Chubby conman takes an extreme step to subvert the law-and-order process

Alf was fascinated this morning by the story of a bloke – described as obese – who has failed to appear in the Hamilton District Court five times since April to face fraud charges.

The law forbids publication of the name of this feller, who has a record as a conman.

The courts have given him interim name suppression.

But we can tell you he won’t be turning up on future occasions because he died in Waikato Hospital on Wednesday night.

Whether this means he must be buried in an unnamed grave is unclear.

Why he was given name suppression is unclear from the Herald story, too.

The more important question is whether he should have been given name suppression.

The bugger had more than 150 dishonesty convictions in New Zealand and Australia.

In the latest charges, he stood accused of defrauding would-be clients of more than $100,000 in alleged scams police say took place between July last year and January.

His lawyer said his client was adamant the charges were without substance.

So why not front up? .

The NZ Herald tells us why here.

Or rather, his lawyer gave an explanation.

His lawyer, Michael Meyrick, told the court the Waikato man suffered from “catastrophically bad health”, including diabetes and other obesity complications.

Did the judge accept this?

Not necessarily.

We are told –

But in June, Judge David Ruth agreed that the accused was using his bad health to avoid court and echoed the views of a previous judge who had called the 57-year-old an “incorrigible con-artist”.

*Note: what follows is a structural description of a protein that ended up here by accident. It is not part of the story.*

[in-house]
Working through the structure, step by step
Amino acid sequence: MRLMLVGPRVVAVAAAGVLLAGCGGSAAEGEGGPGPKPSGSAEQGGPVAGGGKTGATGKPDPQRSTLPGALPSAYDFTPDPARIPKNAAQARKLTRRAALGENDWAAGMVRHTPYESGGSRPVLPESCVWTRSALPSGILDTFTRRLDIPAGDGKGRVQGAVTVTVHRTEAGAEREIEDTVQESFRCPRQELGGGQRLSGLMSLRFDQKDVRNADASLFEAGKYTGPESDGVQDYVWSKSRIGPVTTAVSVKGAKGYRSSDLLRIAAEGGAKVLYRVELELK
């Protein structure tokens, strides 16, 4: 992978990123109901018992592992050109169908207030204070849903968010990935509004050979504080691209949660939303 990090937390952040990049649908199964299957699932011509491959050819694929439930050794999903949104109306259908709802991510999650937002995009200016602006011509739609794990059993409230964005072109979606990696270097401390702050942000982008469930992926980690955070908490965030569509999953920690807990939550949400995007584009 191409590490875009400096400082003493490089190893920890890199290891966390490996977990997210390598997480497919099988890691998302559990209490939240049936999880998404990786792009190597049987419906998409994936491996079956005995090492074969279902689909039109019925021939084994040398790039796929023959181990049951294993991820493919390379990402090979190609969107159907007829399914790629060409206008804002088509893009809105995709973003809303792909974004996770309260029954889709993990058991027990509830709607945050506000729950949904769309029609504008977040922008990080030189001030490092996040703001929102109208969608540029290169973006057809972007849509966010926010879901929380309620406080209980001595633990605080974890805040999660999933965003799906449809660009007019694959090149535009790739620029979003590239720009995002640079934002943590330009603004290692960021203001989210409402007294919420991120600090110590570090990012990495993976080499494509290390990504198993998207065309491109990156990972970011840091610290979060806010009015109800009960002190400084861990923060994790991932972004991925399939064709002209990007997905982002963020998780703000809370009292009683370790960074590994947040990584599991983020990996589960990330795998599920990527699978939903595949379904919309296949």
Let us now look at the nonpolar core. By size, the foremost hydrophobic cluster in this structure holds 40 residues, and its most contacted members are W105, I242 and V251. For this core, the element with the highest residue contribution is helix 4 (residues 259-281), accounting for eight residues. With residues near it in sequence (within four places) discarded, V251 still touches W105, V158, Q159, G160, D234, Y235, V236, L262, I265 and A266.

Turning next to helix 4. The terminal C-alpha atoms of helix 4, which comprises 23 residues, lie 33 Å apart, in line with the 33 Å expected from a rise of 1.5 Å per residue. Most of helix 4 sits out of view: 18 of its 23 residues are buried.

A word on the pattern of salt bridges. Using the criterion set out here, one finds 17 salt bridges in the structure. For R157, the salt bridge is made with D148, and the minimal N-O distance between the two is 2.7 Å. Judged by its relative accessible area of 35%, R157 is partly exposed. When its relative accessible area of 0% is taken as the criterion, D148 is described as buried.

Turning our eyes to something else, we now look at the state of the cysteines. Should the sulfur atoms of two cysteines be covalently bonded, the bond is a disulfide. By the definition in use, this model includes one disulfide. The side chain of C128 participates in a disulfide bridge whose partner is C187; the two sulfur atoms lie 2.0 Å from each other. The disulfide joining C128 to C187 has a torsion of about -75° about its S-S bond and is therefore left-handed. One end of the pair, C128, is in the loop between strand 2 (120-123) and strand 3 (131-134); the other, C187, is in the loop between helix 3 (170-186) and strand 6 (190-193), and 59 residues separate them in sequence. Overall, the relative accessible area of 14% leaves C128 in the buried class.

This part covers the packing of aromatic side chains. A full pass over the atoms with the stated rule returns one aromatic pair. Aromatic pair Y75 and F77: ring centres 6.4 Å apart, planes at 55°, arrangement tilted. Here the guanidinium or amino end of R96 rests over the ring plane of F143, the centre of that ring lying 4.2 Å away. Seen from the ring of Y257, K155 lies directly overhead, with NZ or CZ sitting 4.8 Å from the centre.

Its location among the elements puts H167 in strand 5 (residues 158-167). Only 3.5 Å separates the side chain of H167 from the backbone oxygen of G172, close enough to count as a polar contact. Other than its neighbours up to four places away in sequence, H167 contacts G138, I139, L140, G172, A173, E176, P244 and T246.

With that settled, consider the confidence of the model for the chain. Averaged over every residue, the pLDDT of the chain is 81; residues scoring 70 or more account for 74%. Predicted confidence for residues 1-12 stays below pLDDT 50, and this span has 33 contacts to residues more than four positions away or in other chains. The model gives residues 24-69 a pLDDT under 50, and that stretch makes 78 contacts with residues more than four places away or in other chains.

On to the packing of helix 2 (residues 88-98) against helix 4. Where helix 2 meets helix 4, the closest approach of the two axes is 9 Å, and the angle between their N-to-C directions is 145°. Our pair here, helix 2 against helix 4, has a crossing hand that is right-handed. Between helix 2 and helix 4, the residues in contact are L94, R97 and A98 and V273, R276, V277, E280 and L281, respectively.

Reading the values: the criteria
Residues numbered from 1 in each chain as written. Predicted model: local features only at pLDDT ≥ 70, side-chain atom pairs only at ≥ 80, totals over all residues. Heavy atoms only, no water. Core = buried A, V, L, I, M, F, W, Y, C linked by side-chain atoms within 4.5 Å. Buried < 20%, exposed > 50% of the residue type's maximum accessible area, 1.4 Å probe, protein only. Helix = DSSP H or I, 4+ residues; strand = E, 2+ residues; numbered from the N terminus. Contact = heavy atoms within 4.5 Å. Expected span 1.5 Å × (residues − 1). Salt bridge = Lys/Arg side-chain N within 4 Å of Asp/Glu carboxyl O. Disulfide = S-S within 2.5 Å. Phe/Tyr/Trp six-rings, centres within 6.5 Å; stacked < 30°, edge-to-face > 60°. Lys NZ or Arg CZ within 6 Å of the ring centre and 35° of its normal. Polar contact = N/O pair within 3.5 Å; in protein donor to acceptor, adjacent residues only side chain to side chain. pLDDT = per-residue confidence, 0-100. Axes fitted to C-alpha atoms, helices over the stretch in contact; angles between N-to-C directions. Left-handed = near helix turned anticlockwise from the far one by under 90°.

Judge Ruth said the man had an alarming history, almost all of which related to fraud, and he accepted a police application opposing bail on grounds that he could still be offending.

The defendant was due back in court on August 24 on one charge of using a document for pecuniary advantage, eight charges of obtaining by deception and one of being a manager or director of a company while prohibited.

We are told Judge Ruth accepted the man was being treated in hospital for various conditions.

But he issued a warrant for arrest should he fail to attend court voluntarily once discharged.

Five days later, when the man fronted up to court, he collapsed before being able to appear.

On release from hospital, he was taken into custody and this week was readmitted to hospital, where he died.

Meyrick said the family may look into the circumstances of the man’s move from hospital into custody.

The reasons seem glaringly obvious.

As The Herald tells us, this tubby conman had been accused by a judge of using his ill health to subvert the court process.

His death tells us he succeeded.

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